SINGAPORE commended the Secretariat for keeping up the pace in developing the draft exploitation regulations for commercially feasible and environmentally sound mining. TONGA favored the ISA’s work on supporting the supervision of contractors and developing the draft exploitation regulations, stressing, with the UK, the urgency of completing regulations and guidelines. Algeria, for the AFRICAN GROUP, emphasized benefit-sharing as a key component of the common heritage regime. SOUTH AFRICA emphasized that access and benefit-sharing must be based on equal and mutually agreed partnerships to address technological gaps.
FIJI recommended: with UGANDA, respect for the precautionary approach; and a transparent and consultative approach in developing the draft exploitation regulations, welcoming the opportunity at this session for Council members to comment on the current draft. CANZ urged proceeding with caution with the draft exploitation regulations, ensuring environmental protection, timely circulation of draft versions to allow for intersessional submissions and Council discussions, as well as, supported by GREENPEACE and the DSCC, the simultaneous adoption of the environmental regulations.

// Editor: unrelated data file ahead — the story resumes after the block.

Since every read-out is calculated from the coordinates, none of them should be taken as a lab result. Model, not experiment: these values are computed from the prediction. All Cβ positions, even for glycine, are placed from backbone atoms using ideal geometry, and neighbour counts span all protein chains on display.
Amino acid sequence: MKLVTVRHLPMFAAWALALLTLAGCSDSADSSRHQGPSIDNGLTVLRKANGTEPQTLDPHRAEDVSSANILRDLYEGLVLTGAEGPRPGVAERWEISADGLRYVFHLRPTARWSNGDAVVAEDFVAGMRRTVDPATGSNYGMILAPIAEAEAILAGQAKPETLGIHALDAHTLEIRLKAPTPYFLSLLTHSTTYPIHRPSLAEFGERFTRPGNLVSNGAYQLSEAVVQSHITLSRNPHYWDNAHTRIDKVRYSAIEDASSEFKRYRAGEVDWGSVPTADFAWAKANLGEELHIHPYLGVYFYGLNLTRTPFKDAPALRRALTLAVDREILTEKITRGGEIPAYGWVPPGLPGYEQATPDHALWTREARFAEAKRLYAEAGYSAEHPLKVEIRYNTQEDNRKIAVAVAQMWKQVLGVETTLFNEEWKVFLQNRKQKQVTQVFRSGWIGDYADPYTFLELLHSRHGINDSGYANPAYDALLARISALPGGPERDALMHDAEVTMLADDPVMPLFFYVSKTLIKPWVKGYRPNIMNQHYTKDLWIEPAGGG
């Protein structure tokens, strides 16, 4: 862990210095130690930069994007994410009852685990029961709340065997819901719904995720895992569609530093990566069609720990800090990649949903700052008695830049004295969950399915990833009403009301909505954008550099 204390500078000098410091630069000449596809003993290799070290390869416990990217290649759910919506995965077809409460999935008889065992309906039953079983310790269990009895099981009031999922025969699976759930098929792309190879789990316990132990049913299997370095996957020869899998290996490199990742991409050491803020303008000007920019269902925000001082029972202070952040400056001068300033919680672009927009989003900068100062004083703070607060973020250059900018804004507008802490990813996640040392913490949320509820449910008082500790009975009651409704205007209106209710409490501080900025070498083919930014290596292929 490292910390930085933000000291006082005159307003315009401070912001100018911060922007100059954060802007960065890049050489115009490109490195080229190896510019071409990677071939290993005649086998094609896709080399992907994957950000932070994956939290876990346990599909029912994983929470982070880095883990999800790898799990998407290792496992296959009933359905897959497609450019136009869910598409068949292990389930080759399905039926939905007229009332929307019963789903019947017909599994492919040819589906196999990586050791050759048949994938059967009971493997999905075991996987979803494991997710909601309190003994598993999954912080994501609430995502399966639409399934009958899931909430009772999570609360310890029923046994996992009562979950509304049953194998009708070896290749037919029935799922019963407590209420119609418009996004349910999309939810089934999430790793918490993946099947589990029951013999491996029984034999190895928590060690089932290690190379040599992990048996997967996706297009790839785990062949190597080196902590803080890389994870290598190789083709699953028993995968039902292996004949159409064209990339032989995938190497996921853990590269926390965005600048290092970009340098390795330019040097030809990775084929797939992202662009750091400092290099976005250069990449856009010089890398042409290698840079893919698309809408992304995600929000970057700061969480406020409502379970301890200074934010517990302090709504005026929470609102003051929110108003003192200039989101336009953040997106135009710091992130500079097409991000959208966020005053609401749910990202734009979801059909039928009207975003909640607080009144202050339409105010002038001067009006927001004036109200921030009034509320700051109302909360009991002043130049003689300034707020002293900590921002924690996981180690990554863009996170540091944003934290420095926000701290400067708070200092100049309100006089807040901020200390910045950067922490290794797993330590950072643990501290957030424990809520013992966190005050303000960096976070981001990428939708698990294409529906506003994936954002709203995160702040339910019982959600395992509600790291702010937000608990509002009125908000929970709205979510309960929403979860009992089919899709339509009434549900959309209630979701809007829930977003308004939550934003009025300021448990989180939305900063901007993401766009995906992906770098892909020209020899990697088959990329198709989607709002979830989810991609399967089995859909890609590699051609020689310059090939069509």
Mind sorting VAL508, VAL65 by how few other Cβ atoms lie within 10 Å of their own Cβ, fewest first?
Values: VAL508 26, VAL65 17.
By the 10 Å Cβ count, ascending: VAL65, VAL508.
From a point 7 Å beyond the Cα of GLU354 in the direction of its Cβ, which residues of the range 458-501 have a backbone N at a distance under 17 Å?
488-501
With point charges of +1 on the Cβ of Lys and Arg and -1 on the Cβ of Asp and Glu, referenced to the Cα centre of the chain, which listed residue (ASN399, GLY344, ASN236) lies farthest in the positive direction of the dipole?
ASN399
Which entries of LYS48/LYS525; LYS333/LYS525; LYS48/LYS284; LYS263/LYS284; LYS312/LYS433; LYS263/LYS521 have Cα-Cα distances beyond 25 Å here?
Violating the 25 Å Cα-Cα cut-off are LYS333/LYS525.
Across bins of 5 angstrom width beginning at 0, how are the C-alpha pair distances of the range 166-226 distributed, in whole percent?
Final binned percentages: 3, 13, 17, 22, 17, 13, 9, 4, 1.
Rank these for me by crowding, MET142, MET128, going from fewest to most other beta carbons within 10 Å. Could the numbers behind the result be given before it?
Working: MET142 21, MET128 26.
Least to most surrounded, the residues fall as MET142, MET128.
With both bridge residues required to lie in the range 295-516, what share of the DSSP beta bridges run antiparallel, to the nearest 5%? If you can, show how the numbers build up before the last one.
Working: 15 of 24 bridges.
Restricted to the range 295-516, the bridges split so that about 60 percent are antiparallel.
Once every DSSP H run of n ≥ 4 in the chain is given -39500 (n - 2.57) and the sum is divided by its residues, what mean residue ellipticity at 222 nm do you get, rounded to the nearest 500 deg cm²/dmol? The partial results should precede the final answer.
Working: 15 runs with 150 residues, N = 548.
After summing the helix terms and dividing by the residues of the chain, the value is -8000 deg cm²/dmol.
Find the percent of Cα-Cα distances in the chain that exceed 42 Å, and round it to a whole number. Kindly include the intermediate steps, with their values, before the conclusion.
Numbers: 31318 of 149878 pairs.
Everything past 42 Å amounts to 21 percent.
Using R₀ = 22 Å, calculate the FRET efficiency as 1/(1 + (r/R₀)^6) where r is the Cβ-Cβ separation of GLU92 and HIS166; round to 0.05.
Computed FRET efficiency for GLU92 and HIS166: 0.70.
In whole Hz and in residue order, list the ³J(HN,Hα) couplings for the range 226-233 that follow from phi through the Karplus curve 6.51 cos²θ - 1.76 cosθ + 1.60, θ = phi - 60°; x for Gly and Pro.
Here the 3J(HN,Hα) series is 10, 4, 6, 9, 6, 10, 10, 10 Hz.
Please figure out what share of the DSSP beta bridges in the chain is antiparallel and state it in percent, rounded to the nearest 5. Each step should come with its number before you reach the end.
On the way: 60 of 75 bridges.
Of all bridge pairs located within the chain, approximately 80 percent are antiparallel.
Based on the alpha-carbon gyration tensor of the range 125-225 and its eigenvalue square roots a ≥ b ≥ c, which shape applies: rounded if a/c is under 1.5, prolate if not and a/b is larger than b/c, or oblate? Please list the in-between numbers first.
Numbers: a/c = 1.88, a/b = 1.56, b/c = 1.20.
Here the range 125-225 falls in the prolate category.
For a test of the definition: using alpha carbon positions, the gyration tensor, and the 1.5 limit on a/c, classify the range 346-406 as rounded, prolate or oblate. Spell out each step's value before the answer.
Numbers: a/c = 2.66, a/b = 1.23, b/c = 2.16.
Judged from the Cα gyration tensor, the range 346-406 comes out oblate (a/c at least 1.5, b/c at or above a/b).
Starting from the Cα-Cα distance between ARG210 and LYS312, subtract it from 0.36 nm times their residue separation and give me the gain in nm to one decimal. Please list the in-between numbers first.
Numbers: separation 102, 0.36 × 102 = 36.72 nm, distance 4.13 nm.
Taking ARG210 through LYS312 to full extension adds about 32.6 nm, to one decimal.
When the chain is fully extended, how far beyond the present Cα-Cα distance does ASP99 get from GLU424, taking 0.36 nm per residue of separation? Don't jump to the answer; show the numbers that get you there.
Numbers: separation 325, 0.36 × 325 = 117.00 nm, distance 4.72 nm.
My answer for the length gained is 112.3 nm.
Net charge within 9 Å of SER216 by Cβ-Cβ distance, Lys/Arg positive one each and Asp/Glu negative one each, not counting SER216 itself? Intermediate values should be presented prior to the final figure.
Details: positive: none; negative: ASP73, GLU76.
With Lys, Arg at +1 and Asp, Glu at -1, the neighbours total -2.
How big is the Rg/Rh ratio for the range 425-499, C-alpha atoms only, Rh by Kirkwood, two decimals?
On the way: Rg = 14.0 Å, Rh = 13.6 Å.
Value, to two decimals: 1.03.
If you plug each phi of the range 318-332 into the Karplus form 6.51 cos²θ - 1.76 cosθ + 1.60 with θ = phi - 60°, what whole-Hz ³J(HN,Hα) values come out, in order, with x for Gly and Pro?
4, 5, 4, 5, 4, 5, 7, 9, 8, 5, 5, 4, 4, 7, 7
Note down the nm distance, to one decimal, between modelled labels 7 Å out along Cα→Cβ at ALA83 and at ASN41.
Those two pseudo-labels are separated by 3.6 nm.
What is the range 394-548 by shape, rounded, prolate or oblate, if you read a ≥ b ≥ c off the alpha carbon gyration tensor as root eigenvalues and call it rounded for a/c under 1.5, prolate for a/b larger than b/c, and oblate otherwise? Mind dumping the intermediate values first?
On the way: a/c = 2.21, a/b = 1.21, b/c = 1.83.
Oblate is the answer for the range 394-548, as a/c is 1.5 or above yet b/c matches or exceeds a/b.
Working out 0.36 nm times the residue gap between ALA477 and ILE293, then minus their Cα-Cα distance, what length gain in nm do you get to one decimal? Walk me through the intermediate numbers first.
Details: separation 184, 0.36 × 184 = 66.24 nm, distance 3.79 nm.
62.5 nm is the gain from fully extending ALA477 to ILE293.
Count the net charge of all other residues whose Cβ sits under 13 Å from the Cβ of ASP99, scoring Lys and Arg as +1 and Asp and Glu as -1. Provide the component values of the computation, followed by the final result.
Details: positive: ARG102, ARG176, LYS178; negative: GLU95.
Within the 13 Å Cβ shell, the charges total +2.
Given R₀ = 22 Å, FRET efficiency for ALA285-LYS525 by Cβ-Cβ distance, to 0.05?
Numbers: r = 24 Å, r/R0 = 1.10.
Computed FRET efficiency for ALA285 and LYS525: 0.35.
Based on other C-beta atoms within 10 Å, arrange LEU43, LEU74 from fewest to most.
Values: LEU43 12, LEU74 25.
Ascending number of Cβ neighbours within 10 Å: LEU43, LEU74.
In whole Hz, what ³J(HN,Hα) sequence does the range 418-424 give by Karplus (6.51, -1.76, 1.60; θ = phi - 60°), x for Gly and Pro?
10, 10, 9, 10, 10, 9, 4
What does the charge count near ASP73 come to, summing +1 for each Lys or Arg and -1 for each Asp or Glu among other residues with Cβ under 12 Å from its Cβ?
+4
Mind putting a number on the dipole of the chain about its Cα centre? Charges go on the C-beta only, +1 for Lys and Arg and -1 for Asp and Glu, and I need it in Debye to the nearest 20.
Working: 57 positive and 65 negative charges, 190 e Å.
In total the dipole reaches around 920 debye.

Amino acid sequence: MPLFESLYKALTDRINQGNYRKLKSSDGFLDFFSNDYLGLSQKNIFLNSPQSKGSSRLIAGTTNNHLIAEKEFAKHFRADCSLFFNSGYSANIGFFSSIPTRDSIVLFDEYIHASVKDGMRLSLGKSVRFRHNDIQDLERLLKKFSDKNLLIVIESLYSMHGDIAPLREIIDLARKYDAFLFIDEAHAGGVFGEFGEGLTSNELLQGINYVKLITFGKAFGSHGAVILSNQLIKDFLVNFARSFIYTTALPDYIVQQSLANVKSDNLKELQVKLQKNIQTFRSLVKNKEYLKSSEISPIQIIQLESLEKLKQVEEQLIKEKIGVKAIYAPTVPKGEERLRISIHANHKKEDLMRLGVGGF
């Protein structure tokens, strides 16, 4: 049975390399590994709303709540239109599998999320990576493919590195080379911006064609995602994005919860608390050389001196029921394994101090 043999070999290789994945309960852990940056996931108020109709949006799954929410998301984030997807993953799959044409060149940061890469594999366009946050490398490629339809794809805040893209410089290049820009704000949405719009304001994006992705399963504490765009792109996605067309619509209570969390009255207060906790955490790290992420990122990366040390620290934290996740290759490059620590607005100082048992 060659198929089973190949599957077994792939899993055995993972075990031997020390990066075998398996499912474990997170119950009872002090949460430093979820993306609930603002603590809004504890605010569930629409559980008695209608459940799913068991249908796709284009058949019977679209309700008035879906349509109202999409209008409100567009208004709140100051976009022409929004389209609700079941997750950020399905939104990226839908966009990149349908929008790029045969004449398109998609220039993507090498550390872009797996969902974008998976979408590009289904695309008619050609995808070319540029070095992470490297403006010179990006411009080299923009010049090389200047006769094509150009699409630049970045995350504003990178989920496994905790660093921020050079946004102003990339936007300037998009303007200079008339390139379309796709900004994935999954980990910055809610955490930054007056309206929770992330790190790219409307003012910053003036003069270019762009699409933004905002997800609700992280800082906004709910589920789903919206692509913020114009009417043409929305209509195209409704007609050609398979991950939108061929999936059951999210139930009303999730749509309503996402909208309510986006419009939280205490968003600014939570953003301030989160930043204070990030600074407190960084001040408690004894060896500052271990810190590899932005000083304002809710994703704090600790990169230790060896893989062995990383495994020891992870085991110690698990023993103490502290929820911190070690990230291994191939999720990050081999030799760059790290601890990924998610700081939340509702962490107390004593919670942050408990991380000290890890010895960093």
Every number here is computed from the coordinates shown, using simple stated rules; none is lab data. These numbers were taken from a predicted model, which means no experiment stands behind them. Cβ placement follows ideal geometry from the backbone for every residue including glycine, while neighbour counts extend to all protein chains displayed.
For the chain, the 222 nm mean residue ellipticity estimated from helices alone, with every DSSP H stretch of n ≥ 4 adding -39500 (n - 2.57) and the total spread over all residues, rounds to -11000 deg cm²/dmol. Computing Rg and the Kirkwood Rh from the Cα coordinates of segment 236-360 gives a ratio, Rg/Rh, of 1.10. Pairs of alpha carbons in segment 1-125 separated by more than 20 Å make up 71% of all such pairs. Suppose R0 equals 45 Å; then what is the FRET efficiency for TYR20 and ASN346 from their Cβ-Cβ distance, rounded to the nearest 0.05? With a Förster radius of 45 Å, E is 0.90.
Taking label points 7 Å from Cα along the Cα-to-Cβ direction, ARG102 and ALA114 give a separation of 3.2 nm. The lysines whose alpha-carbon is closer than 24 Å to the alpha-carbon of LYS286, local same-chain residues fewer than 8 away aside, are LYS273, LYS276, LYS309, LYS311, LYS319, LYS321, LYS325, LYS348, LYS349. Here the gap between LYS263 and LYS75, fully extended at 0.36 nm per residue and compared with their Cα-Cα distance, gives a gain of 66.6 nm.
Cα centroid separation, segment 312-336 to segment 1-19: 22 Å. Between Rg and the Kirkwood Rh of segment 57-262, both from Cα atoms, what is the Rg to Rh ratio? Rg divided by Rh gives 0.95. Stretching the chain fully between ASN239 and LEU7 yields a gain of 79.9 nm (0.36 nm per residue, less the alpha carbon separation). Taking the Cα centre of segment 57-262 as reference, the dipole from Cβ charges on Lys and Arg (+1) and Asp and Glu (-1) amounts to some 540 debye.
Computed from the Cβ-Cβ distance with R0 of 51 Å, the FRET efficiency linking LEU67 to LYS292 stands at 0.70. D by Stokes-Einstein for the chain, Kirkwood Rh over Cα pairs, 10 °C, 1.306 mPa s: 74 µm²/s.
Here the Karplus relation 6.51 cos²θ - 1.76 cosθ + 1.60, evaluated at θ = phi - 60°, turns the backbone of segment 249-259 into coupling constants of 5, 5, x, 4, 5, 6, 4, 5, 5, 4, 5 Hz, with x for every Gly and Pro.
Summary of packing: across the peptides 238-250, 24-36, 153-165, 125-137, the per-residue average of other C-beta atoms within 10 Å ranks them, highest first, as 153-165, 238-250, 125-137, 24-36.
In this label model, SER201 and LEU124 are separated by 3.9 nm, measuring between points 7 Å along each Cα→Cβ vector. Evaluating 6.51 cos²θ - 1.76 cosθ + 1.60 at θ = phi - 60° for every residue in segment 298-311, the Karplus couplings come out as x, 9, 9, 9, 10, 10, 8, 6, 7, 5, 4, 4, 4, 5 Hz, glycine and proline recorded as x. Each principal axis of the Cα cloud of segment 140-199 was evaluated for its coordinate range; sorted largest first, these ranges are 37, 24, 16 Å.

The PHILIPPINES stressed the importance of related EIA recommendations, in addition to exploitation regulations. Noting that the transition to the exploitation phase requires transparent actions, ECUADOR stated that the exploitation regulations must ensure economic and social development of all states, minimizing environmental impacts.